Sleep deprivation (SD) is a lack of sleep commonly found in adolescents and adults (O'Brien, 2009). Because the definition of sufficient sleep varies among many people and cultures, SD can be best defined and recognized by its consequences on a person's daytime task performance and health (O'Brien, 2009). SD negatively affects the cognitive performance of a person, especially in memory and learning (O'Brien, 2009). Understanding of synaptic plasticity in the hippocampus, which is responsible for memory, helps to explain these consequences of SD.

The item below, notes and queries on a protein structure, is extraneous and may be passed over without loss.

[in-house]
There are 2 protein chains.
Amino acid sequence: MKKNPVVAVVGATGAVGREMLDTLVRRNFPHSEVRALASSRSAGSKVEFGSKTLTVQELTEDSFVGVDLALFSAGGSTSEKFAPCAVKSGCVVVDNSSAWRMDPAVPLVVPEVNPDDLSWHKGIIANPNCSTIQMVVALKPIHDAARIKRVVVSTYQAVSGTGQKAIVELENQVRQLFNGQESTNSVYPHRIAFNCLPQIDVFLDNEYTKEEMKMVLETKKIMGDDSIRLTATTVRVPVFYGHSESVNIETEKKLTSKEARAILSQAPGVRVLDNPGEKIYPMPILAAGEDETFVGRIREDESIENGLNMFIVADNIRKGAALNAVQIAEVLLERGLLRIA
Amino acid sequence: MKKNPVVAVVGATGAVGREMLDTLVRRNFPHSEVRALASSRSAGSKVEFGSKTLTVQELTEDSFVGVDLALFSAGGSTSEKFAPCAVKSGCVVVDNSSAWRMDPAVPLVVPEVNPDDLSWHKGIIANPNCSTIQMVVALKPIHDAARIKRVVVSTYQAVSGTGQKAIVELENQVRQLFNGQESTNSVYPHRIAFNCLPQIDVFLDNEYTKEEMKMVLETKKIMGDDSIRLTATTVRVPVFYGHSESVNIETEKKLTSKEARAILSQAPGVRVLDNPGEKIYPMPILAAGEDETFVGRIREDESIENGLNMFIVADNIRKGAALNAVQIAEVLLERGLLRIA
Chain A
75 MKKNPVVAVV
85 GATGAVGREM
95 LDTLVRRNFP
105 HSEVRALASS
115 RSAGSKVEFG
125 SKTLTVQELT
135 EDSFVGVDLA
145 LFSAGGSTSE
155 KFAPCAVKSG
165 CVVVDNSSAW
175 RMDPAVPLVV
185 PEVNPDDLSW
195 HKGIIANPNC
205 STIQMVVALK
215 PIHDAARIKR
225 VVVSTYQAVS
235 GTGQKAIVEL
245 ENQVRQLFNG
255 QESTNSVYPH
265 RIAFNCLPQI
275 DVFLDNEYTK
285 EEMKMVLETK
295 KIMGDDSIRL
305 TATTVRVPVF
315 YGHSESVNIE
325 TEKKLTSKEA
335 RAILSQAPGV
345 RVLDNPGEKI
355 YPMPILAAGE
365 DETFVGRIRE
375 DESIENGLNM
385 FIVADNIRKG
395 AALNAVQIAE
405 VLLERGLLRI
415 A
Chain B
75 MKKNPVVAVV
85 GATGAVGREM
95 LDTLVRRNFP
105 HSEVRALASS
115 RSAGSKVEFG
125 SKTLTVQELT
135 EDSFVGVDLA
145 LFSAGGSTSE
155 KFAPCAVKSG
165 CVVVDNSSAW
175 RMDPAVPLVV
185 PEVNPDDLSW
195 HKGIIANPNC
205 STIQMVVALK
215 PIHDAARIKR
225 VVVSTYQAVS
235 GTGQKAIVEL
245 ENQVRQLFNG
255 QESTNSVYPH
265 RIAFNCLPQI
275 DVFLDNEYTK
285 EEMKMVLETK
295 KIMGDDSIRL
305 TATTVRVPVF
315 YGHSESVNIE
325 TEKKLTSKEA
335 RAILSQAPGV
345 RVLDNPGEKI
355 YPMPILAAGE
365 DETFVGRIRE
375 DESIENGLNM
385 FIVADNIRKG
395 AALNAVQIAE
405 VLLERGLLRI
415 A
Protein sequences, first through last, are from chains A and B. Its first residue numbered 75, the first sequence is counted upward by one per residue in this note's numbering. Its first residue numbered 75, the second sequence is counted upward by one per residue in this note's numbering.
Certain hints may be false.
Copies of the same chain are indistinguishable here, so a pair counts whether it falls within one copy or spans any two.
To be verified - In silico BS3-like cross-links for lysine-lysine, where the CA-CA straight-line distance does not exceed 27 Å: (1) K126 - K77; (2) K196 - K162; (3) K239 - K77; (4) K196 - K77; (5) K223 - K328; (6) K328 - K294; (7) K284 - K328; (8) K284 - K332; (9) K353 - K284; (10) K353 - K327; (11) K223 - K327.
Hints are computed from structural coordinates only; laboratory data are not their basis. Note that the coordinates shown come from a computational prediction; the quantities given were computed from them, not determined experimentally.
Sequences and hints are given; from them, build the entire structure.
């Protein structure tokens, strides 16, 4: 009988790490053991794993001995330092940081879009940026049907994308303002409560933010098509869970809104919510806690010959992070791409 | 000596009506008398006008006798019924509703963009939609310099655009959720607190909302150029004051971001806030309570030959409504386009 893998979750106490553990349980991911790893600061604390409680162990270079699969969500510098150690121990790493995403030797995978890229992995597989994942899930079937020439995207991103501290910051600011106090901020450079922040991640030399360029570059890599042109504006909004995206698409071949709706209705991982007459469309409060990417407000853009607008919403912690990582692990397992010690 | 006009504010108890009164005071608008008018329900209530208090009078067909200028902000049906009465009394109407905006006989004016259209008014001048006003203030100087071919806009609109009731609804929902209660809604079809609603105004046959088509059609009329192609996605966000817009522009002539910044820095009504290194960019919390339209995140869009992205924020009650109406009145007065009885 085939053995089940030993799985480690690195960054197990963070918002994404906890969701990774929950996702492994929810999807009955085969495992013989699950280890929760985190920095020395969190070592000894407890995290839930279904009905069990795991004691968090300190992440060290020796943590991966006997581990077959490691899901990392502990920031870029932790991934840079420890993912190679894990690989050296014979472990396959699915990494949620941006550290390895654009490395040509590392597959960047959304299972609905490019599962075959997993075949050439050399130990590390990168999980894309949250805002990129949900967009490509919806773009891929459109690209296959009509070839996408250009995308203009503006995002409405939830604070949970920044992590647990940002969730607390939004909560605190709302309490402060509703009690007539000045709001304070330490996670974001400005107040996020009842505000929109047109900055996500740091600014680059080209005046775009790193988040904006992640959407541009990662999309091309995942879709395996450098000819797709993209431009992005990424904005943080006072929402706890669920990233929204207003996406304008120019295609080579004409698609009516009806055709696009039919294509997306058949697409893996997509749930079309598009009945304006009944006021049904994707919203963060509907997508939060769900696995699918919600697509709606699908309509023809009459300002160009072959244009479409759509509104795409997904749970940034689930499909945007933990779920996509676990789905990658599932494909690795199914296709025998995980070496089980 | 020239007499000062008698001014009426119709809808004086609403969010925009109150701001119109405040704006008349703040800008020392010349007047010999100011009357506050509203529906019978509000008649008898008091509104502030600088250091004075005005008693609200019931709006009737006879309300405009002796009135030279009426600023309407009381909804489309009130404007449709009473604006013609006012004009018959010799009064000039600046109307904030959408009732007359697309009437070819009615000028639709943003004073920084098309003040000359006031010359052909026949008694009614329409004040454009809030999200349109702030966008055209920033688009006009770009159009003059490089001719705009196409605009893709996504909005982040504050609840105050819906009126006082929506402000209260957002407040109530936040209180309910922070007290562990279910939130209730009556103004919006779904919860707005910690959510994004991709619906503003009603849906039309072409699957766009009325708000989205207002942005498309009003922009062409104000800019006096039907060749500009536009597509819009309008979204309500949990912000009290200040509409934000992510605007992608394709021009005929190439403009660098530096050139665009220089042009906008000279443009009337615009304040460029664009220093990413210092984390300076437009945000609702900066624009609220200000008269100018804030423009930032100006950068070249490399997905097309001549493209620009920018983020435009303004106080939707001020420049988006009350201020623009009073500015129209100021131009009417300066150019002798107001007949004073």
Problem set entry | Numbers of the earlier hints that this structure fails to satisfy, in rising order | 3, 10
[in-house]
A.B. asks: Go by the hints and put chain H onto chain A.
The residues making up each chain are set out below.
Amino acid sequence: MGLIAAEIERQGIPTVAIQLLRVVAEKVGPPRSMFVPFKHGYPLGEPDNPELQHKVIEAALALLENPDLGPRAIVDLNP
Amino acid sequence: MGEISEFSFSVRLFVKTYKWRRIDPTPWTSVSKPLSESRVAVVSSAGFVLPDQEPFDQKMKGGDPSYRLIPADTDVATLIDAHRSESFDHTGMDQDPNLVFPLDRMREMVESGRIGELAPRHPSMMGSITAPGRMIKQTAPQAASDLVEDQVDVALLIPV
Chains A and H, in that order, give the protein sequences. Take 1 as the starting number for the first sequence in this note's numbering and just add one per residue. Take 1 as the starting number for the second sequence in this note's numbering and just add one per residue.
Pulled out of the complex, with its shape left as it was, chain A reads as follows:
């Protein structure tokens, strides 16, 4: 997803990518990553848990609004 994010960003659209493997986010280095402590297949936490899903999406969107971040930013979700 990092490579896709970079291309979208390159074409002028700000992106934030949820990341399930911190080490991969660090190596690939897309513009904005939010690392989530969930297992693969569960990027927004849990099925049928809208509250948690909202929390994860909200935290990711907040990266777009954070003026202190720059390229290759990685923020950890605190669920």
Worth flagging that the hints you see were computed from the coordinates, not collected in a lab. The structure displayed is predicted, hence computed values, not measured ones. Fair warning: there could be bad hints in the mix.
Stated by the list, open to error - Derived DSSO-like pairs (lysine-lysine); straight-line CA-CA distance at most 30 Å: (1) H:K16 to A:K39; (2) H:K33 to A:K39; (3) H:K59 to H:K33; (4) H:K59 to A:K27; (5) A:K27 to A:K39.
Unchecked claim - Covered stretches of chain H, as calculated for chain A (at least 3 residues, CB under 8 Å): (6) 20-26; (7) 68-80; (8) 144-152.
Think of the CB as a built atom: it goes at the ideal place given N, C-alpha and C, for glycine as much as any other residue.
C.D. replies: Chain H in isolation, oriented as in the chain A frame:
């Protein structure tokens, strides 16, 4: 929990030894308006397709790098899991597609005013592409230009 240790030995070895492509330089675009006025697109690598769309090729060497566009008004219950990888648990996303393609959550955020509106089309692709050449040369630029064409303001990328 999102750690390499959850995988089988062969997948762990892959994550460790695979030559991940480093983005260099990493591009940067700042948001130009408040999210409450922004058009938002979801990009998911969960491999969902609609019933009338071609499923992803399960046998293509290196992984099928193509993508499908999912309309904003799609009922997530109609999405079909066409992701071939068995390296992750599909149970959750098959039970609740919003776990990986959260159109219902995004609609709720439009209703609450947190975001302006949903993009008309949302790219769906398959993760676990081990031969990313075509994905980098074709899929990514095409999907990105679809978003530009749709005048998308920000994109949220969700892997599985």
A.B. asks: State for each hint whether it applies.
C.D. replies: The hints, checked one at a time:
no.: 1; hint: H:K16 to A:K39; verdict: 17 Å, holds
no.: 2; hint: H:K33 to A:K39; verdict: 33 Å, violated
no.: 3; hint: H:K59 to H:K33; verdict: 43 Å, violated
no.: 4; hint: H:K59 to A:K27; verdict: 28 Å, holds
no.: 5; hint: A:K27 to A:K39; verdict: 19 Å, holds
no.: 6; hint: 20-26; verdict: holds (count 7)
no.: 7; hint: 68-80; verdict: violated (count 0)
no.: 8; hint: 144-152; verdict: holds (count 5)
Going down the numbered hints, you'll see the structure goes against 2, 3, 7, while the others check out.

In excitatory synapses, such as those found in the hippocampus, the most common neurotransmitter is glutamate (Genoux & Montgomery, 2007). Glutamate receptors include the α-amino-3-hydroxy-5-methylisoxazole-4-propionic acid receptor (AMPAR) and the N-methyl-d-aspartate receptor (NMDAR; ref Genoux & Montgomery, 2007). Each receptor plays a role in synaptic plasticity, which is the ability of neurons to change synaptic transmission strength in relation to their environment (Fleming & England, 2010). Synaptic plasticity is a result of the regulation and interaction between AMPARs and NMDARs (Genoux & Montgomery, 2007). AMPARs and NMDARs are located in the post-synaptic density (PSD), which is at the tip of the post-synaptic terminal in a neuron (Genoux & Montgomery, 2007). They enter the membrane through exocytosis and then shift laterally into the PSD (Genoux & Montgomery, 2007).